Metropolitan Board Agrees to Fund Two-Tunnel California WaterFix

The board of directors of the Metropolitan Water District of Southern
California voted today to provide the additional financing needed for
the full construction of the California WaterFix project to modernize
the state’s badly outdated and increasingly vulnerable water delivery
system.

The board authorized $10.8 billion for the project to build two tunnels
under the Sacramento-San Joaquin Delta. The vote makes Metropolitan the
primary investor in the project, which has a total estimated cost of
$16.7 billion.

Metropolitan’s board took a similar vote in April. However following
that action, two organizations sent a notice alleging violations of the
Brown Act in connection with that meeting. Metropolitan responded to the
notice disagreeing with its legal conclusion and provided documents in
response to a related California Public Records Act request. But to
ensure there is no question concerning the validity of the board’s
consideration of, and its vote on, whether to authorize increased
funding of California WaterFix, the board voted on the matter again
today.

Metropolitan Board Chairman Randy Record said the action was taken in an
abundance of caution to ensure full public transparency. “California’s
water delivery system is broken. After years of study, planning and
environmental review, we finally have the solution. I am thrilled this
project continues to move forward,” he said.

Today’s vote more than doubles Metropolitan’s initially planned WaterFix
investment in WaterFix. In October 2017, Metropolitan’s board initially
voted to participate in WaterFix and contribute up to 26 percent of its
$17 billion cost, or about $4.3 billion. But the majority of federal
agricultural contractors who also import supplies via the Delta have yet
to commit to investing in the project, leaving part of the project’s
costs unfunded. In today’s action, Metropolitan’s board chose to help
finance the full 9,000 cubic feet per second project, with the plan of
recouping a portion of that investment from agricultural interests and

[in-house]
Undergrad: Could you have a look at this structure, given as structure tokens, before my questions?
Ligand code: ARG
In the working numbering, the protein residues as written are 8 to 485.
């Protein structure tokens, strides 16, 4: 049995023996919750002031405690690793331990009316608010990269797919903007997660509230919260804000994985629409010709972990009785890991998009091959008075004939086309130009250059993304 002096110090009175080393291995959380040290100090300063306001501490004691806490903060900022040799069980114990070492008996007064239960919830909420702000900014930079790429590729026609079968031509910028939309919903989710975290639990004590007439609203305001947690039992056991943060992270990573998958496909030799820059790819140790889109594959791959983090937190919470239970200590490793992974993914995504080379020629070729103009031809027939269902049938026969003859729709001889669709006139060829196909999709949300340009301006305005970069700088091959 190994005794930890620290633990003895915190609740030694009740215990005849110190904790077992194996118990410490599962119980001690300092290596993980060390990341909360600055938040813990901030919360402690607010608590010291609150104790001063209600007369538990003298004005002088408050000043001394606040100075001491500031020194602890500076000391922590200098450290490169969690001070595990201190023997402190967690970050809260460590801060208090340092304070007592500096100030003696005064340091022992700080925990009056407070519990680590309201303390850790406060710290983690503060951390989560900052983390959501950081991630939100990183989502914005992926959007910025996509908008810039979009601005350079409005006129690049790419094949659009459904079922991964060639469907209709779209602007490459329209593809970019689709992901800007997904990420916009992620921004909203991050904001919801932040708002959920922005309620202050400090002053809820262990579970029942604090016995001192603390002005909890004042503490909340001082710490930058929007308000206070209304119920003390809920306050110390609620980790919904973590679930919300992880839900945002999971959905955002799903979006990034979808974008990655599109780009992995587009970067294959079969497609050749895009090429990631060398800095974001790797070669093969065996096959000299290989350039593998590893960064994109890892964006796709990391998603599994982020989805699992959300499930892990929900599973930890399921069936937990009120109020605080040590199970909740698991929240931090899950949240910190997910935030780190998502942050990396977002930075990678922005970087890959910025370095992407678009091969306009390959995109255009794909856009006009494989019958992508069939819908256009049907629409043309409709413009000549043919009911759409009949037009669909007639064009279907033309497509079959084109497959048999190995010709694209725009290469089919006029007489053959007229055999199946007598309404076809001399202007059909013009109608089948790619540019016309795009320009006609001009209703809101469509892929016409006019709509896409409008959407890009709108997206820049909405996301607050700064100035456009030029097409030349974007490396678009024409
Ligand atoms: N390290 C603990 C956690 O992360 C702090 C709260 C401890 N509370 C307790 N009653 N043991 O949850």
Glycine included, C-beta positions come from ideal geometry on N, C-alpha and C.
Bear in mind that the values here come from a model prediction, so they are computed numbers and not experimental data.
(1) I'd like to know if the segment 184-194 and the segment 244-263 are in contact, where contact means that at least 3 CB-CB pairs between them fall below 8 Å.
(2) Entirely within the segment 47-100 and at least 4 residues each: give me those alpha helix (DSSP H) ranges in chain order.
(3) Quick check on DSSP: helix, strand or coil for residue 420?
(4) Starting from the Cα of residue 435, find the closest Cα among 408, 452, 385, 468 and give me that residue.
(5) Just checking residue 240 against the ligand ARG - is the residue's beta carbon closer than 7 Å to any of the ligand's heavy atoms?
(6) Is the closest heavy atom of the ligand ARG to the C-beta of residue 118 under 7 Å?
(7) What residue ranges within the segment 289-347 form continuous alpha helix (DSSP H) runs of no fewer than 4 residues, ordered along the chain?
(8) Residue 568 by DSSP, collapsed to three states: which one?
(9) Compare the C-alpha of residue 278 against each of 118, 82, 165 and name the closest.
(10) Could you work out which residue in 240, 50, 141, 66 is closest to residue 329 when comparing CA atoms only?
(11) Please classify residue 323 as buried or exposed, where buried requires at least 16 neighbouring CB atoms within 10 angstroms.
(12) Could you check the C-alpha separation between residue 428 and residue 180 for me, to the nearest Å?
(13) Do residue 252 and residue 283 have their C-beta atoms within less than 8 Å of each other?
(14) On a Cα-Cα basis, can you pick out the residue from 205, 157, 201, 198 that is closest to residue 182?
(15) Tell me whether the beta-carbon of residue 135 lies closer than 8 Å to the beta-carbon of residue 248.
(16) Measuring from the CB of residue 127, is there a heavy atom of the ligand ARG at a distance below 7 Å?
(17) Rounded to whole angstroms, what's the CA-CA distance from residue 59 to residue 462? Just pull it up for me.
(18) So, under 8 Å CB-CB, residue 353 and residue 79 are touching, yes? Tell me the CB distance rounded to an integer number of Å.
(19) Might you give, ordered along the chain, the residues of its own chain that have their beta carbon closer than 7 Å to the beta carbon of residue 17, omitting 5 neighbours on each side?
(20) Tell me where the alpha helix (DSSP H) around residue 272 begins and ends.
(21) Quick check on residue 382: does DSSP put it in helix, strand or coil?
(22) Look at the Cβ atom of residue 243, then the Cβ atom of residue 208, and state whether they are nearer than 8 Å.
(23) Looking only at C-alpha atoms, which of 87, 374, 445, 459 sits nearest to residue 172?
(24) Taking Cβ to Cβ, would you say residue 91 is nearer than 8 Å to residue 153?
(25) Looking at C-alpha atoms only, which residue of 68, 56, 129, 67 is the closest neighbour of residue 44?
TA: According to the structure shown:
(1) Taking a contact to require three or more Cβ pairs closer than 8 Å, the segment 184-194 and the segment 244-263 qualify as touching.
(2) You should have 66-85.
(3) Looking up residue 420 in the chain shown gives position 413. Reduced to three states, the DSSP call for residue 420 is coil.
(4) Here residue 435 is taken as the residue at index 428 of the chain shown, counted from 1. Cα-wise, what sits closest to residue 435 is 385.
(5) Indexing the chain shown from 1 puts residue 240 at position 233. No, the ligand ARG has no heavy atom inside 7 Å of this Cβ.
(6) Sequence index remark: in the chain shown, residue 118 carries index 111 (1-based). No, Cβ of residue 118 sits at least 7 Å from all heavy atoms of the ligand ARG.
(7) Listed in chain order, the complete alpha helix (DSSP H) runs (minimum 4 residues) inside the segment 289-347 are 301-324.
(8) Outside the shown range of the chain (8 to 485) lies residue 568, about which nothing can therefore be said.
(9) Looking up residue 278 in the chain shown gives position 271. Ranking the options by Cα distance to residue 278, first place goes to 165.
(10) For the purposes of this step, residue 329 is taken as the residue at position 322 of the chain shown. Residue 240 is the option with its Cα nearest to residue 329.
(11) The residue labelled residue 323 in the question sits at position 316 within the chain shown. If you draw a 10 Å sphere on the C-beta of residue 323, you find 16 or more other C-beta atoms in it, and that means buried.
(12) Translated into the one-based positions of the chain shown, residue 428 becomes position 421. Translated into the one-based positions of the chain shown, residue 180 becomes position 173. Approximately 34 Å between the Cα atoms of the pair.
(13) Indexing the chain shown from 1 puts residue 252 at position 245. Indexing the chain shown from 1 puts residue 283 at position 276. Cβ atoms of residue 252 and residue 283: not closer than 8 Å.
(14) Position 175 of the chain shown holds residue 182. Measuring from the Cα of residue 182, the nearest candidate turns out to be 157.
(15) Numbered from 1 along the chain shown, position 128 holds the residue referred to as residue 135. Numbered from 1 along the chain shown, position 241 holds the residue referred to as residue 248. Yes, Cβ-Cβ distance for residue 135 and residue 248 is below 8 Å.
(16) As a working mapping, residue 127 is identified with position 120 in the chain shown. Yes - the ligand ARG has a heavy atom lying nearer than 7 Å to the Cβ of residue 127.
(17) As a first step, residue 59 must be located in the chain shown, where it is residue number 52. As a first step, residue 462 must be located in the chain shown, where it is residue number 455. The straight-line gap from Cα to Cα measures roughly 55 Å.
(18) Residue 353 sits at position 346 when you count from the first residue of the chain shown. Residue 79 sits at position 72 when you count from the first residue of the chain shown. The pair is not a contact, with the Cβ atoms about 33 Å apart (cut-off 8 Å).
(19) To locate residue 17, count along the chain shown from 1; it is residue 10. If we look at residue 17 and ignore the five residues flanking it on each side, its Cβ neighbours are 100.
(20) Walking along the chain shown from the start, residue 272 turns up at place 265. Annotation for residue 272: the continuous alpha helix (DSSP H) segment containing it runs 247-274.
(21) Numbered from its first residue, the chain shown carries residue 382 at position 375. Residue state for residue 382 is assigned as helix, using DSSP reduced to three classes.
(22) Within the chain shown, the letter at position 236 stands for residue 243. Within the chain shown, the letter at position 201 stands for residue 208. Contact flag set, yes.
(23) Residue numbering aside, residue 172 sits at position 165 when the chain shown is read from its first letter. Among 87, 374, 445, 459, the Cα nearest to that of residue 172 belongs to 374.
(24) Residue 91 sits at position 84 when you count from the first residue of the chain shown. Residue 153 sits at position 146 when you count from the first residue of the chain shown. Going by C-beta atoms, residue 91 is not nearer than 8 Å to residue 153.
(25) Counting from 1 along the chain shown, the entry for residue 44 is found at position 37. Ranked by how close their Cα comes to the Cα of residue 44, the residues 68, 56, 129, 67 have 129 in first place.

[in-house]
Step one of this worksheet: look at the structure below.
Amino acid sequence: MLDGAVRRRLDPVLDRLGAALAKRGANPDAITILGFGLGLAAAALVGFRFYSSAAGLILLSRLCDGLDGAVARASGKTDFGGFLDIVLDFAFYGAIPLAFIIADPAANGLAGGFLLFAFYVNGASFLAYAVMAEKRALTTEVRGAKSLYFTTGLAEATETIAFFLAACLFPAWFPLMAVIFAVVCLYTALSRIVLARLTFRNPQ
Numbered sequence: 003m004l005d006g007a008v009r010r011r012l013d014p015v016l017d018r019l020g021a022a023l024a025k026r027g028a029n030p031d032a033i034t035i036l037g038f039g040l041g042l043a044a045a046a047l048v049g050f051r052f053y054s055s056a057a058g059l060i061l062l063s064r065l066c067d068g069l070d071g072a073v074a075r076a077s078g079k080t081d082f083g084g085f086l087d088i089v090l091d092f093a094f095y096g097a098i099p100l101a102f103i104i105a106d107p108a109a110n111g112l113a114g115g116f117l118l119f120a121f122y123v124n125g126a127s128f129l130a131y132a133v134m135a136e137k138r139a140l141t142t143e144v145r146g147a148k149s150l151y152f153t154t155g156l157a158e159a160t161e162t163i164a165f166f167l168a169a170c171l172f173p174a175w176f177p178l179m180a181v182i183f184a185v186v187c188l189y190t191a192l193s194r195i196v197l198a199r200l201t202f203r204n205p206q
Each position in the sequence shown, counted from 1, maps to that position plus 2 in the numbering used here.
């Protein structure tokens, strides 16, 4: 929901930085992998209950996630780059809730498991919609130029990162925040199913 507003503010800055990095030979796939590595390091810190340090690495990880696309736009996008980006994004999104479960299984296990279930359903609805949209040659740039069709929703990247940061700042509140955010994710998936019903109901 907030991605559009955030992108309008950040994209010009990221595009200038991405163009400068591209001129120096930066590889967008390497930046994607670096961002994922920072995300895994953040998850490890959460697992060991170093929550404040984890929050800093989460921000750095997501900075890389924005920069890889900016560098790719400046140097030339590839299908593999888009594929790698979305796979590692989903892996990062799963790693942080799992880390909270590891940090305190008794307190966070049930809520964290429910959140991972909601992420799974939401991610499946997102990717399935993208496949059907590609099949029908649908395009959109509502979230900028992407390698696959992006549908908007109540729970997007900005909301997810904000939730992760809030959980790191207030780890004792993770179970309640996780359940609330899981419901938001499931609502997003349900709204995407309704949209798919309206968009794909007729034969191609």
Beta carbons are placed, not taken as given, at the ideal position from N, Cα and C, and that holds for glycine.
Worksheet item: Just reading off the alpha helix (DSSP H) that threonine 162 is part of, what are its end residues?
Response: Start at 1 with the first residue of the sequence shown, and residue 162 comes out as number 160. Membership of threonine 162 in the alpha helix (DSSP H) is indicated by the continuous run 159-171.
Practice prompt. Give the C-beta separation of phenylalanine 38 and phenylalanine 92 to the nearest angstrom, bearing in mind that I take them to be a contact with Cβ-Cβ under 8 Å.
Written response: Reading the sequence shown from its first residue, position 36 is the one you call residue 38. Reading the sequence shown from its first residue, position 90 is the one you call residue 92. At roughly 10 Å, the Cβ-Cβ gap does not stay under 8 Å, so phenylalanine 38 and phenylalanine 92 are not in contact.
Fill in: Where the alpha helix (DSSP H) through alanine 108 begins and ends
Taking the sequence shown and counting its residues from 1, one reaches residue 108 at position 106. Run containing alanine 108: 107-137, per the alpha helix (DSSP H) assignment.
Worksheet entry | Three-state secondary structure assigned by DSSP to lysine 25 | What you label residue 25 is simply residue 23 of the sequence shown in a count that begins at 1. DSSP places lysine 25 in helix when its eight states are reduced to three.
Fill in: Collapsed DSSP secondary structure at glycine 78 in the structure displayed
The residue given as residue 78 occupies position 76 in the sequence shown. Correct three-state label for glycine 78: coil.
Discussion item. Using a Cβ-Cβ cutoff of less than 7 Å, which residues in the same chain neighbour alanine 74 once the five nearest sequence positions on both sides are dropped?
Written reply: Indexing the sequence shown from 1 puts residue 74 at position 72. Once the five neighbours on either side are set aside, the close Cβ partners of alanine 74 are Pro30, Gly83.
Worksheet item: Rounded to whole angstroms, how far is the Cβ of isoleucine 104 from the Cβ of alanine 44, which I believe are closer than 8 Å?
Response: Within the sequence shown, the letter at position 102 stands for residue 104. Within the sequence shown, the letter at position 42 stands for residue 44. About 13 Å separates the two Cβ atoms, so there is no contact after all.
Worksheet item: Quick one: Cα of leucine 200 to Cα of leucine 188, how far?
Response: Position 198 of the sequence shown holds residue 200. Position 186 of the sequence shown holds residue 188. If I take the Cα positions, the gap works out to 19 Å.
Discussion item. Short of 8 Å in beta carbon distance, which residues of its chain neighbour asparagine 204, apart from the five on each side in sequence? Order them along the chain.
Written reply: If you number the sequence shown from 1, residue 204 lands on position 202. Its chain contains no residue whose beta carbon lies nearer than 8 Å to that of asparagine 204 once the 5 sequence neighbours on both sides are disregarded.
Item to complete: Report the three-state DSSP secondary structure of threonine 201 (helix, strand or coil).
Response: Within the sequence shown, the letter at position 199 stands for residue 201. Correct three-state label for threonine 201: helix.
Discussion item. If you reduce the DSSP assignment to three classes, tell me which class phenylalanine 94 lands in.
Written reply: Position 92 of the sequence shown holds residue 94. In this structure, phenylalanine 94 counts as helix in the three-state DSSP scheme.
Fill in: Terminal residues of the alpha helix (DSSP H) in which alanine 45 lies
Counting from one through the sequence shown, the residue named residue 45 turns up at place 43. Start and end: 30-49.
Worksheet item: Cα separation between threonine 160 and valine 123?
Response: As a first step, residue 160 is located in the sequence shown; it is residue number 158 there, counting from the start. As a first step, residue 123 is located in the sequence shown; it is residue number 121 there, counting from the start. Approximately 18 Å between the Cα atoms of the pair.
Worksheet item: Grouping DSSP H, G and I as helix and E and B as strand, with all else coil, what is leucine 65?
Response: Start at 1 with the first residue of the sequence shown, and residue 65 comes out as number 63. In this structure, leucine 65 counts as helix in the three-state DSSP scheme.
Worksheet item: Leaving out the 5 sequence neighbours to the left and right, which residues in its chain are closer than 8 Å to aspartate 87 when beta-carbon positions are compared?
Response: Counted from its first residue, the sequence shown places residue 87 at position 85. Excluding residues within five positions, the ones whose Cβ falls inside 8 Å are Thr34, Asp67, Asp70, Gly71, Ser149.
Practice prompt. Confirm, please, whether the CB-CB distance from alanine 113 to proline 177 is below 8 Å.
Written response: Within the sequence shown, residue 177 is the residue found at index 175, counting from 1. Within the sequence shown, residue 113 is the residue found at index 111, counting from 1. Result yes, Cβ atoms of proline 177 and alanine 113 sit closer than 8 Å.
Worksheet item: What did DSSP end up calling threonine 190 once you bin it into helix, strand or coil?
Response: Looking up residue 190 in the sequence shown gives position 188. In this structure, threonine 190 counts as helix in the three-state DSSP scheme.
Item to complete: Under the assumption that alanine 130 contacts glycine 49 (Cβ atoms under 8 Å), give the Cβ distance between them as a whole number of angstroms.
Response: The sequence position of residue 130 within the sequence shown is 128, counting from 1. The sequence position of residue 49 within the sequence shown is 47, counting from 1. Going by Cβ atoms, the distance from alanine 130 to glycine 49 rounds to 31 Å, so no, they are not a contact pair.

possibly others once the project is completed.

“The board today recognized the environmental and water supply
reliability benefits to Metropolitan’s service area of building
California WaterFix. Now we will move forward to build the project on
time and on budget to provide our region and much of the state with
reliable and cost-effective water,” said Metropolitan General Manager
Jeffrey Kightlinger.

California WaterFix will be paid for by the people and businesses that
use the water it helps deliver via the retail water agencies and cities
that serve those customers. Metropolitan’s financing of the full project
is expected to cost Southland households on average up to $4.80 a month,
though that average cost would be reduced to the extent that
Metropolitan recoups some of that investment. Metropolitan will be
selling or leasing capacity in the tunnels to allow water deliveries,
transfers or exchanges for other parties.

About 30 percent of the water that flows out of taps in Southern
California comes from Northern California via the Sacramento-San Joaquin
Delta. But the Delta’s delivery system is outdated, its ecosystem is in
decline, and its 1,100-mile levee system is increasingly vulnerable to
earthquakes, flooding, saltwater intrusion, sea level rise and
environmental degradation.

“The added challenge of dealing with climate change underscores the need
to have more operational flexibility in the Delta,” Record said.

Attempts to help the Delta have led to regulatory restrictions that have
reduced water exports from the region while the ecosystem continues to
decline. California WaterFix will modernize the state’s water delivery
system by building three new water intakes in the northern Delta and two
tunnels that will provide high quality water and reduce impacts to fish.
It also will contribute to the restoration and protection of up to
15,600 acres of critical Delta habitat as mitigation for ongoing
construction and operational impacts.

Investing in WaterFix is consistent with Metropolitan’s strong
commitment to local supply development and conservation. Imported water
from the State Water Project helps replenish local groundwater basins,
meet water quality standards and facilitate water recycling projects.

On Monday (June 9), Metropolitan launched a new Landscape Transformation
Program through which residents and businesses can get cash rebates for
replacing their thirsty grass with more water-efficient plants.
Metropolitan also kicked off a multi-million dollar advertising and
outreach campaign urging Southern Californians to conserve water 365
days a year.

The Metropolitan Water District of Southern California is a
state-established cooperative of 26 cities and water agencies serving
nearly 19 million people in six counties. The district imports water
from the Colorado River and Northern California to supplement local
supplies, and helps its members to develop increased water conservation,
recycling, storage and other resource-management programs.

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